Observing that each construction project has its own unique set of conditions that need to be monitored as the project progresses, a recent study conducted by Dodge Data & Analytics for Autodesk asked more than 200 U.S. general contractors (GCs) and specialty trade contractors how frequently they engage in six categories of process key performance indicators (KPIs): construction documents, requests for information (RFIs), change orders, schedule, safety/inspections, productivity, and quality/close-out.
The results showed that while 59% of respondents said they log RFIs most of the time, only 25% reported that they frequently record errors, omissions, and/or constructability issues found in bid set documents; and just one-third said they formally compare either document problems or RFIs to their past projects.
The study also found that while a full 96% respondents said they document change orders some of the time, only 47% indicated they do so frequently.
Moreover, just 46% said they routinely capture root causes of change orders, and only 39% said they frequently evaluate the schedule impact of change orders.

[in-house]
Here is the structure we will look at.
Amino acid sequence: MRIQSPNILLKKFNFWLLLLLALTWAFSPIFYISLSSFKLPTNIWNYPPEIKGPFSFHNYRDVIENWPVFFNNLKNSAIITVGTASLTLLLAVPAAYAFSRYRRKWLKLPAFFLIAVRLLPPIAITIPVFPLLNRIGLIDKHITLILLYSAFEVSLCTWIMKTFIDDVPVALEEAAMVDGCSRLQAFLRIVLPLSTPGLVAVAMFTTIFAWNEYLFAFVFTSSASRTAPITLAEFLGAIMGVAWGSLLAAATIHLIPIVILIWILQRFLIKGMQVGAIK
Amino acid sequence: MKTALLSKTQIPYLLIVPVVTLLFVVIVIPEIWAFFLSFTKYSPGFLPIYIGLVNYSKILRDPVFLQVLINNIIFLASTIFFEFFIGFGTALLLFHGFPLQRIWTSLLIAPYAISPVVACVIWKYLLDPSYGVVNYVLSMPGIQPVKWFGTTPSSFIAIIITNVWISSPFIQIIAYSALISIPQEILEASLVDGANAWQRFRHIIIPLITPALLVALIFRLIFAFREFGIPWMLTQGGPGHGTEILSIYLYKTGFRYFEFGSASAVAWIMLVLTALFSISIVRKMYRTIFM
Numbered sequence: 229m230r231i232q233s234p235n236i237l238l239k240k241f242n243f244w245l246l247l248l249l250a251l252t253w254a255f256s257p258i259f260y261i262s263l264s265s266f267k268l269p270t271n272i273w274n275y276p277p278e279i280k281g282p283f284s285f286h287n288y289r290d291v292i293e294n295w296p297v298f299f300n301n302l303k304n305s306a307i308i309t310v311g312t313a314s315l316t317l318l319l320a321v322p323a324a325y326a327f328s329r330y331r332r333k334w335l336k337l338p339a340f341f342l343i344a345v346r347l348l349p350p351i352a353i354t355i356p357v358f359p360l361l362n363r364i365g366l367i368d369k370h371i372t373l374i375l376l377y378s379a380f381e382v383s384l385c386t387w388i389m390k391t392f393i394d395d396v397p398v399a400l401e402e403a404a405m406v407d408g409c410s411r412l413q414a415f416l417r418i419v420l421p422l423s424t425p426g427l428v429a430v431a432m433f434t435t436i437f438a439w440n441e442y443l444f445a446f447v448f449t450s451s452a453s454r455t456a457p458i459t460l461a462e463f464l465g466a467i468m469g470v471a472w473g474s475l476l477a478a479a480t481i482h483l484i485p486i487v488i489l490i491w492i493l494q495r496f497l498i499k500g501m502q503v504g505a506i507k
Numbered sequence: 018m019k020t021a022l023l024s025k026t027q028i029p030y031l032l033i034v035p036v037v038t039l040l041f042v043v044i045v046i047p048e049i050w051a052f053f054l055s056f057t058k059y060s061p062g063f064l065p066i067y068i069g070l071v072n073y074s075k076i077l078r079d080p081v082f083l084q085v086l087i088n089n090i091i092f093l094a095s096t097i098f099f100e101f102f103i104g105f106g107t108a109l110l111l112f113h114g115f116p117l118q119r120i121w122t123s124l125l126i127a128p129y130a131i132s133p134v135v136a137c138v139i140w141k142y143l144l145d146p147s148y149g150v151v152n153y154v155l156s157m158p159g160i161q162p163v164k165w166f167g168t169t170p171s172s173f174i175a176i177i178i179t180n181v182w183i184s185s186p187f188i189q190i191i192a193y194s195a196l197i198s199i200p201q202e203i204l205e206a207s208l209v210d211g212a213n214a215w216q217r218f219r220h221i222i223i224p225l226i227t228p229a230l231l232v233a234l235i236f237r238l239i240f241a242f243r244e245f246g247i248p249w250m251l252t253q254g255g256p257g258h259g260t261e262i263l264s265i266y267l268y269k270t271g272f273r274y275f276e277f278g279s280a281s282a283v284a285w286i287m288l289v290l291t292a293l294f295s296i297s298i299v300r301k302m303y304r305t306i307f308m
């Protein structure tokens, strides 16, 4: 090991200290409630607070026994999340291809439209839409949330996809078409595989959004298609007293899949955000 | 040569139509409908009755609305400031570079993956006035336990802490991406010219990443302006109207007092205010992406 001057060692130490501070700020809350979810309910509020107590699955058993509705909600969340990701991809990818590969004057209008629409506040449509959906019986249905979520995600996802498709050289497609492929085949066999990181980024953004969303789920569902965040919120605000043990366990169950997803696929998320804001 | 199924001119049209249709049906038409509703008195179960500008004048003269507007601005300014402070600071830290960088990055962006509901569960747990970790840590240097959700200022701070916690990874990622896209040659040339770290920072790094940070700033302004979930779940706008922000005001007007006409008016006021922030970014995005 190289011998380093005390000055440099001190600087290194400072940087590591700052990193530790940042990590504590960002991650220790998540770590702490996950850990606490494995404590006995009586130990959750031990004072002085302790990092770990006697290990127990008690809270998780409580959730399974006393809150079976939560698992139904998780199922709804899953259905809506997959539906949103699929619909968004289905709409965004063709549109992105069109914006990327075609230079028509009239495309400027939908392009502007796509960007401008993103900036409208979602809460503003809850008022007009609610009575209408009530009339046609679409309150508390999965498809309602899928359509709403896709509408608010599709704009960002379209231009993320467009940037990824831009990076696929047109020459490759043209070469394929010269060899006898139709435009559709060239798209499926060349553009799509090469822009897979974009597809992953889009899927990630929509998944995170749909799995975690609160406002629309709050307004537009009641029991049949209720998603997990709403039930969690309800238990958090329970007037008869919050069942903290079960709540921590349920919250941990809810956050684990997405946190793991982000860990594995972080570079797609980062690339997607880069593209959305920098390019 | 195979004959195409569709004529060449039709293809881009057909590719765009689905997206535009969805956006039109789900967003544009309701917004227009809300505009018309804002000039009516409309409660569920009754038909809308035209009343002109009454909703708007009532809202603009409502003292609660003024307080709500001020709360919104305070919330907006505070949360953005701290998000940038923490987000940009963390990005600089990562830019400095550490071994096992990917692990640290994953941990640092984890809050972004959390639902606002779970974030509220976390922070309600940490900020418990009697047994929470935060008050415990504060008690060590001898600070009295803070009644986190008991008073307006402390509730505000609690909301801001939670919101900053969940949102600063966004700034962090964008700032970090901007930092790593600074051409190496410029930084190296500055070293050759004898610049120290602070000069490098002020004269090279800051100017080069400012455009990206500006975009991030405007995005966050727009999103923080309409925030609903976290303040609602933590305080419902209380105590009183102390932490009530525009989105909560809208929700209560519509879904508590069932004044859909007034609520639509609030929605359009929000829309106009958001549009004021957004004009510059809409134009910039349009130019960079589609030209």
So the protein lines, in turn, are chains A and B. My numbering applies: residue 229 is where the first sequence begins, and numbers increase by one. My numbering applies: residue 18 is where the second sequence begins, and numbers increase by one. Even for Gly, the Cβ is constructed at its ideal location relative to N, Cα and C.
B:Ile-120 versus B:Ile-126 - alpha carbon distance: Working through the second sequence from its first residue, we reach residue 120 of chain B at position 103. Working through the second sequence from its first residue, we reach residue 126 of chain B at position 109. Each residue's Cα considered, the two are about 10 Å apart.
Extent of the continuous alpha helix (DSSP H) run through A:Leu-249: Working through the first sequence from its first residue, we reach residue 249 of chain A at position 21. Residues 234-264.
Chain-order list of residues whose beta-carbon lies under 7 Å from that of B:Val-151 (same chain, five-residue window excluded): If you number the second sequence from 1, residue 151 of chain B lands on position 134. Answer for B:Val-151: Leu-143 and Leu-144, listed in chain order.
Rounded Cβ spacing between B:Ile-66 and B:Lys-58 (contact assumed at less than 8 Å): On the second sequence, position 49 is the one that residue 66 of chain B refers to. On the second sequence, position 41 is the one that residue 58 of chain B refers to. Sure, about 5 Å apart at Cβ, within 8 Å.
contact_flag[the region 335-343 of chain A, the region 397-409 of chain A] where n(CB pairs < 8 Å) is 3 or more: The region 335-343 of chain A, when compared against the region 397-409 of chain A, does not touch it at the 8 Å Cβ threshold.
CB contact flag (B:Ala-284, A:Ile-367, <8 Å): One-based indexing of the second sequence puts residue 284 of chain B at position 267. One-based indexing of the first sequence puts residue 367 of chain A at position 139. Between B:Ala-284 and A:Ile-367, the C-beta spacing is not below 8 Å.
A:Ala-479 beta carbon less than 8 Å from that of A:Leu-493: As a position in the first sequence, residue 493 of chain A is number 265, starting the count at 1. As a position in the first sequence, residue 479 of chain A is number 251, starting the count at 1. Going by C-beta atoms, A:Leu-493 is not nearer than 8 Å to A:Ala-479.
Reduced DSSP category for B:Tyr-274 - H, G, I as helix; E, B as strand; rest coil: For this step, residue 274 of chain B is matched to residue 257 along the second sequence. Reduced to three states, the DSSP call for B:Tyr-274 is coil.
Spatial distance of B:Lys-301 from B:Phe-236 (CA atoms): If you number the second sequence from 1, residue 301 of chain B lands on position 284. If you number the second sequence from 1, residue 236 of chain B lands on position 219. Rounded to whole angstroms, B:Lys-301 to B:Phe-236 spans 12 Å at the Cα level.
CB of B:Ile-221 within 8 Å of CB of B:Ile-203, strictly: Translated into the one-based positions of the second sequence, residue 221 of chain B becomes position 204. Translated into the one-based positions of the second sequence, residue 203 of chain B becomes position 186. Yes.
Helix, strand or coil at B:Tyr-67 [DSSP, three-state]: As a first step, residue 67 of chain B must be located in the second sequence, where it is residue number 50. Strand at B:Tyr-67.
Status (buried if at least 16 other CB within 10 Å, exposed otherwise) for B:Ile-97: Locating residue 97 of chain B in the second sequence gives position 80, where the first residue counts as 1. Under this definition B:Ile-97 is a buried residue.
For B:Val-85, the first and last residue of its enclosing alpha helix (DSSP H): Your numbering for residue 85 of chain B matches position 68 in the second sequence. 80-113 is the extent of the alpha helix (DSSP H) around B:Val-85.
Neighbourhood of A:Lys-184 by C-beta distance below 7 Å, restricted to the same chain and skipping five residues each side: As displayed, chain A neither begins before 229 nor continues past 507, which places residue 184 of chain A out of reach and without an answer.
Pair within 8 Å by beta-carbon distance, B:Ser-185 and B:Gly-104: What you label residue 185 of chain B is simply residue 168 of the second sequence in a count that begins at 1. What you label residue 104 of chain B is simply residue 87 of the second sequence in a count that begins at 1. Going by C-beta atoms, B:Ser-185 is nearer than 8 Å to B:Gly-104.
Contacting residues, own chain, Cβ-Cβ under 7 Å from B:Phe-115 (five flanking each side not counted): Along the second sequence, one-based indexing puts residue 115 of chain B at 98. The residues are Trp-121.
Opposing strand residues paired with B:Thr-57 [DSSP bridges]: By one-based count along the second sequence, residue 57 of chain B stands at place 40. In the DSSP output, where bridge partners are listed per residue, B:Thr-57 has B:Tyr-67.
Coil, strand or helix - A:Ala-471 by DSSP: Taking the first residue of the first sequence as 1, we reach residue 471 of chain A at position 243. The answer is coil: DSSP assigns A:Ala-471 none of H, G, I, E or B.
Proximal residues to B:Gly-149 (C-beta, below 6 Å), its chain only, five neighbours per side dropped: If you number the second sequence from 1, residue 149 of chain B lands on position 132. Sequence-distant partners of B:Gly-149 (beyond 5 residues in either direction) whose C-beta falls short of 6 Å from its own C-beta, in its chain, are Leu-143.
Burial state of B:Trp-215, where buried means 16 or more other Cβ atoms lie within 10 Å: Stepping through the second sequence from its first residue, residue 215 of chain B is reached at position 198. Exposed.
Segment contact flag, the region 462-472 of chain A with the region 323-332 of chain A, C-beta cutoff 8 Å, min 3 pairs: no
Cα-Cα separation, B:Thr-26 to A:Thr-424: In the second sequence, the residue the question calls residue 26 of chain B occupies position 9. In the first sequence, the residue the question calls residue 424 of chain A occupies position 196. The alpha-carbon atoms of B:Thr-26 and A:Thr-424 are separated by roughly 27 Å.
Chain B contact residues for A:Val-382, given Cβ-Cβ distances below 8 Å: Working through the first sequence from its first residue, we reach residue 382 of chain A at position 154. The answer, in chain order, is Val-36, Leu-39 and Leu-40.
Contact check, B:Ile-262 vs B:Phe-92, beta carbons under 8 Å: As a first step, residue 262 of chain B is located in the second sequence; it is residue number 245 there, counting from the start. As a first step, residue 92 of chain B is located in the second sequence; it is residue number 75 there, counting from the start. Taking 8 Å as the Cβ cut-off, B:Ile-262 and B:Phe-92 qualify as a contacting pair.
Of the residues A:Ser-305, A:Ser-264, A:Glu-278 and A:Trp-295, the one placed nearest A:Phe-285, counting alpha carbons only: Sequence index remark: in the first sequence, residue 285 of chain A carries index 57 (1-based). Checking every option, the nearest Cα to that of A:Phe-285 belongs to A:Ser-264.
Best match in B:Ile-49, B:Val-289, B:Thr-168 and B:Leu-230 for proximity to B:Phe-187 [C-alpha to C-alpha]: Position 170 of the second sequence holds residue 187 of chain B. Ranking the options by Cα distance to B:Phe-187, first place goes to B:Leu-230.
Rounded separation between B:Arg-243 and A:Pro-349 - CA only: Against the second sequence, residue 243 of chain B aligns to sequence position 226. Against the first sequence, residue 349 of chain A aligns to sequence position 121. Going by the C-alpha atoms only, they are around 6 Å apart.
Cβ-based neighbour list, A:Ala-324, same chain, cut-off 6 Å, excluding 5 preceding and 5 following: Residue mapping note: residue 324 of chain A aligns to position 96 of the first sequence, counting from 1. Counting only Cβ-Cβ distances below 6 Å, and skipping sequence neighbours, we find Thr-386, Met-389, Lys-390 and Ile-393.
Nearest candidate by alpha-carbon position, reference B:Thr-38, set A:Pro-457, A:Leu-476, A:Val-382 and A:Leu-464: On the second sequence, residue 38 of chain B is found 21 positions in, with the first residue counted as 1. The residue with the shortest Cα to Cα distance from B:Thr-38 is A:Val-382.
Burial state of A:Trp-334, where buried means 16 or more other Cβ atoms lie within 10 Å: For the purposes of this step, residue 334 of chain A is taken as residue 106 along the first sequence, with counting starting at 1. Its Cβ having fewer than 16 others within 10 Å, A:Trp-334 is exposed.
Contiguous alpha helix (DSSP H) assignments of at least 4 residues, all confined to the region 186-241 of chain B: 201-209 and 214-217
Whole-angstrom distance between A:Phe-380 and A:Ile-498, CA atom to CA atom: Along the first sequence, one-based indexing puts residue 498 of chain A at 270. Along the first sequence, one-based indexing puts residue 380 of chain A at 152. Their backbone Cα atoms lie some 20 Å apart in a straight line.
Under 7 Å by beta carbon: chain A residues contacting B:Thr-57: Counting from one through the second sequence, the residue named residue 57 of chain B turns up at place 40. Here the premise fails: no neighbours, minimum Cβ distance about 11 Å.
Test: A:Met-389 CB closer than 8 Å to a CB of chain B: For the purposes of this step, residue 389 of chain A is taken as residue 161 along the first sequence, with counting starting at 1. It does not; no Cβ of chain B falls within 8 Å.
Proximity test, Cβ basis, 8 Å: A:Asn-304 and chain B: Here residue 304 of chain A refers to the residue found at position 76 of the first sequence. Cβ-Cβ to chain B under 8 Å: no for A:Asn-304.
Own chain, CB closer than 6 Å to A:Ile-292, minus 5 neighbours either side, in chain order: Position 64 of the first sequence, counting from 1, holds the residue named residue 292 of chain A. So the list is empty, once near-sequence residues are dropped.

When asked about schedules, 66% of the GCs surveyed said they bear added costs from overtime/second shift on at least a quarter of their projects, and half reported having to extend the end date frequently.
Nearly 70% of the GCs polled reported using software to manage safety and/or inspections during construction on at least 25% of their projects, with two-thirds of the users saying it provides high or very high value. When the GCs were asked to identify productivity killers, the leading responses were coordination, communication, quality of construction documents, and schedule management.
In addition, the study found that almost 70% of GCs use technology to manage punch list/close-out activities on at least 25% of their projects.